The real Tel Aviv is quite different from the picture most international readers probably have in mind. Mostly, the city is confused with its metropolitan area, namely “Gush Dan,” “Dan’s Block” in Hebrew. The latter is comprised of seven towns, and is surrounded by several others. With a total population of roughly three million people, this is the largest urban area in the Holy Land. Tel Aviv is at the center–on a north to south axis–of the area and at its western edge, next to the sea. Formally, the city is a consolidation of Tel Aviv and Jaffa; by combining the two cities, the Israeli administration avoided having a Palestinian town at the center of its largest metropolis. Jaffa is an astonishing place; Andromeda—from Greek mythology—was attached to a prominent rock still in place. Prophet Jonah began his trip in Jaffa’s Port; the town is also mentioned in the New Testament. Its unlikely neighbor—Tel Aviv—was founded in 1909. Tel Aviv name means “Hill of Spring” and refers to a place in Babylon; strange choice for Zionists preaching “Jerusalem, Jerusalem.” From 1933 onwards, German architects escaping the Nazi regime arrived at the young city and built its center in what is known as “Bauhaus Style.”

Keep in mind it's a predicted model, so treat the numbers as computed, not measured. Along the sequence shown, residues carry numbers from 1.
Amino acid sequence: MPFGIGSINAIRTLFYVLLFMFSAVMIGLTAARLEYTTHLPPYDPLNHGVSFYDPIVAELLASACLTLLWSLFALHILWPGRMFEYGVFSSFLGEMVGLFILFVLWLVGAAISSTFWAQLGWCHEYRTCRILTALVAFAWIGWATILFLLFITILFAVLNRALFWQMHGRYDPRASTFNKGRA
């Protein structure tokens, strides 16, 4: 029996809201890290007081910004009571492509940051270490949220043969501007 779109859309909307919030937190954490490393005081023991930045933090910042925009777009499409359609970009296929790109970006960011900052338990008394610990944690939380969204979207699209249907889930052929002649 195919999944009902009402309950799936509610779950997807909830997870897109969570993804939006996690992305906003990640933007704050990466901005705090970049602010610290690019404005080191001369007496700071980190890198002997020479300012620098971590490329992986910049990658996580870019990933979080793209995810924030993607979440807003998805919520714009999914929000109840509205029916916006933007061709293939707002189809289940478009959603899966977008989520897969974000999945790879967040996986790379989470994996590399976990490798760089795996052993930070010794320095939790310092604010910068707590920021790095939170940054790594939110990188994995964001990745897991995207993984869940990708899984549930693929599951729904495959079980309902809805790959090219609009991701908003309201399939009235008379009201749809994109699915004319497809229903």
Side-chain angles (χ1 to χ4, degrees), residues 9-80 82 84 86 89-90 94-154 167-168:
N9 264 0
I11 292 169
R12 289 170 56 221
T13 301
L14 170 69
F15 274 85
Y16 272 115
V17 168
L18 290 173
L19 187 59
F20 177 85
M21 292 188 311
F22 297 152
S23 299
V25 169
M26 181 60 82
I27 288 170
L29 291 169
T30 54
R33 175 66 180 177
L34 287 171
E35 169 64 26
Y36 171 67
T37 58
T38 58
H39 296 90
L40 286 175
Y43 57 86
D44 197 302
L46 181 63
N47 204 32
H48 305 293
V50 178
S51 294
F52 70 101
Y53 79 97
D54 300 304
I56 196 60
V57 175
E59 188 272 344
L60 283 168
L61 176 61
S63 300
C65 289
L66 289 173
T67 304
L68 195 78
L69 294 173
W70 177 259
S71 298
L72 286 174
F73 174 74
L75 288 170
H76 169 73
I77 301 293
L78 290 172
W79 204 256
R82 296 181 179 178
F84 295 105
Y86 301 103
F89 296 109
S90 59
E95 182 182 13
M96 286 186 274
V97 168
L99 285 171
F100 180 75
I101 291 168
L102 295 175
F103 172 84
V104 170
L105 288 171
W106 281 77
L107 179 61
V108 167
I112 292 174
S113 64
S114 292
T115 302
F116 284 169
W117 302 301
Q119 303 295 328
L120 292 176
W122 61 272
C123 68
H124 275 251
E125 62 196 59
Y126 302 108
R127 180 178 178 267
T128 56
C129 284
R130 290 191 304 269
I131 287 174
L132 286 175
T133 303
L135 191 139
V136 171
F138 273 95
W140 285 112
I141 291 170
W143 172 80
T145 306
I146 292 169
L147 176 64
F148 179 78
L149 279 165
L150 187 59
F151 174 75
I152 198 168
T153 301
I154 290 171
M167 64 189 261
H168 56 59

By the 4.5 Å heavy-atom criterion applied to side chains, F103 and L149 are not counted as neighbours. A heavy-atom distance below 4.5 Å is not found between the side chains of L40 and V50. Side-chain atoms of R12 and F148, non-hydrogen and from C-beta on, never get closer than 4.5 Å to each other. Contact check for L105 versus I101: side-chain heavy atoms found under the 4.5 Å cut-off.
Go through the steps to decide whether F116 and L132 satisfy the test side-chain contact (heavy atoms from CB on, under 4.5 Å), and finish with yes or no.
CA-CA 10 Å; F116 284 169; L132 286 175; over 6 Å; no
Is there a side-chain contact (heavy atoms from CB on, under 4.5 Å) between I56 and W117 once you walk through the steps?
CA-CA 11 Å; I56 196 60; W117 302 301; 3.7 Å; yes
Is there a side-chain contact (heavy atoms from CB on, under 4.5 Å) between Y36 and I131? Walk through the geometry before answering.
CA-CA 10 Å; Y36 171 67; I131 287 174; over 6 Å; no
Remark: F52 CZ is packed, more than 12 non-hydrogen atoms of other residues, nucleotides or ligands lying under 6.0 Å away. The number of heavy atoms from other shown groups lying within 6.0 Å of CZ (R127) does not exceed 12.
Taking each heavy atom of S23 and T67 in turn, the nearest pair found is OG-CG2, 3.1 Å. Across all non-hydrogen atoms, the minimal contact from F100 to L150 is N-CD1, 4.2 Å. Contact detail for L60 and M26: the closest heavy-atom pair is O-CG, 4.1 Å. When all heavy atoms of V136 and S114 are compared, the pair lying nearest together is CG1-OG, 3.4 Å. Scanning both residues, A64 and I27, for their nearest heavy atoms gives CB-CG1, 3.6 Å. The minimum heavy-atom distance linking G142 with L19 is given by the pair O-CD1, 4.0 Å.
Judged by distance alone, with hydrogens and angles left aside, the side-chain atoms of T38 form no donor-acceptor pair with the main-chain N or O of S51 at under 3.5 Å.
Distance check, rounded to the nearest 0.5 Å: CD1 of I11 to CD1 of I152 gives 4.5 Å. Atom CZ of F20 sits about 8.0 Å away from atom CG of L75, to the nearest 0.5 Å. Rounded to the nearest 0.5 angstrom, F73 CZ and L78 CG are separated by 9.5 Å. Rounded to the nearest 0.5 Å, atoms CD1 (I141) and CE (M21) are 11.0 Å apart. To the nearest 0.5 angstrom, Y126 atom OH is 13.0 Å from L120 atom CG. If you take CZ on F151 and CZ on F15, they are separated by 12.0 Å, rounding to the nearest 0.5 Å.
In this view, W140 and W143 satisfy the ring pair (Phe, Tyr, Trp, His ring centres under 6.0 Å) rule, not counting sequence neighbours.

Over 4,000 buildings were built in this style, which is known also as “International Style.” It combines functionality, simplicity and elegant lines; its delicate, rounded balconies are one of its best known features. The style was adapted in Tel Aviv to the local heat. For example, note the “thermometer” windows along the staircase in the picture above. They allow air to cool the building down during hot summer days. Another characteristic is the whiteness of the buildings, so that their walls would reflect light and cool down the structure; as a result, the city is known as the “White City.” In 2003, the United Nations Educational, Scientific and Cultural Organization (UNESCO) proclaimed Tel Aviv’s White City a World Cultural Heritage Site. It defined it as “an outstanding example of new town planning and architecture in the early 20th century.” UNESCO recognized the unique adaptation of modern international architectural trends to the cultural, climatic, and local traditions of the city. This means money, since the achievement attracts tourists. However, this also meant that the Israeli administration is committed to preservation efforts that will keep the spirit of the original design alive.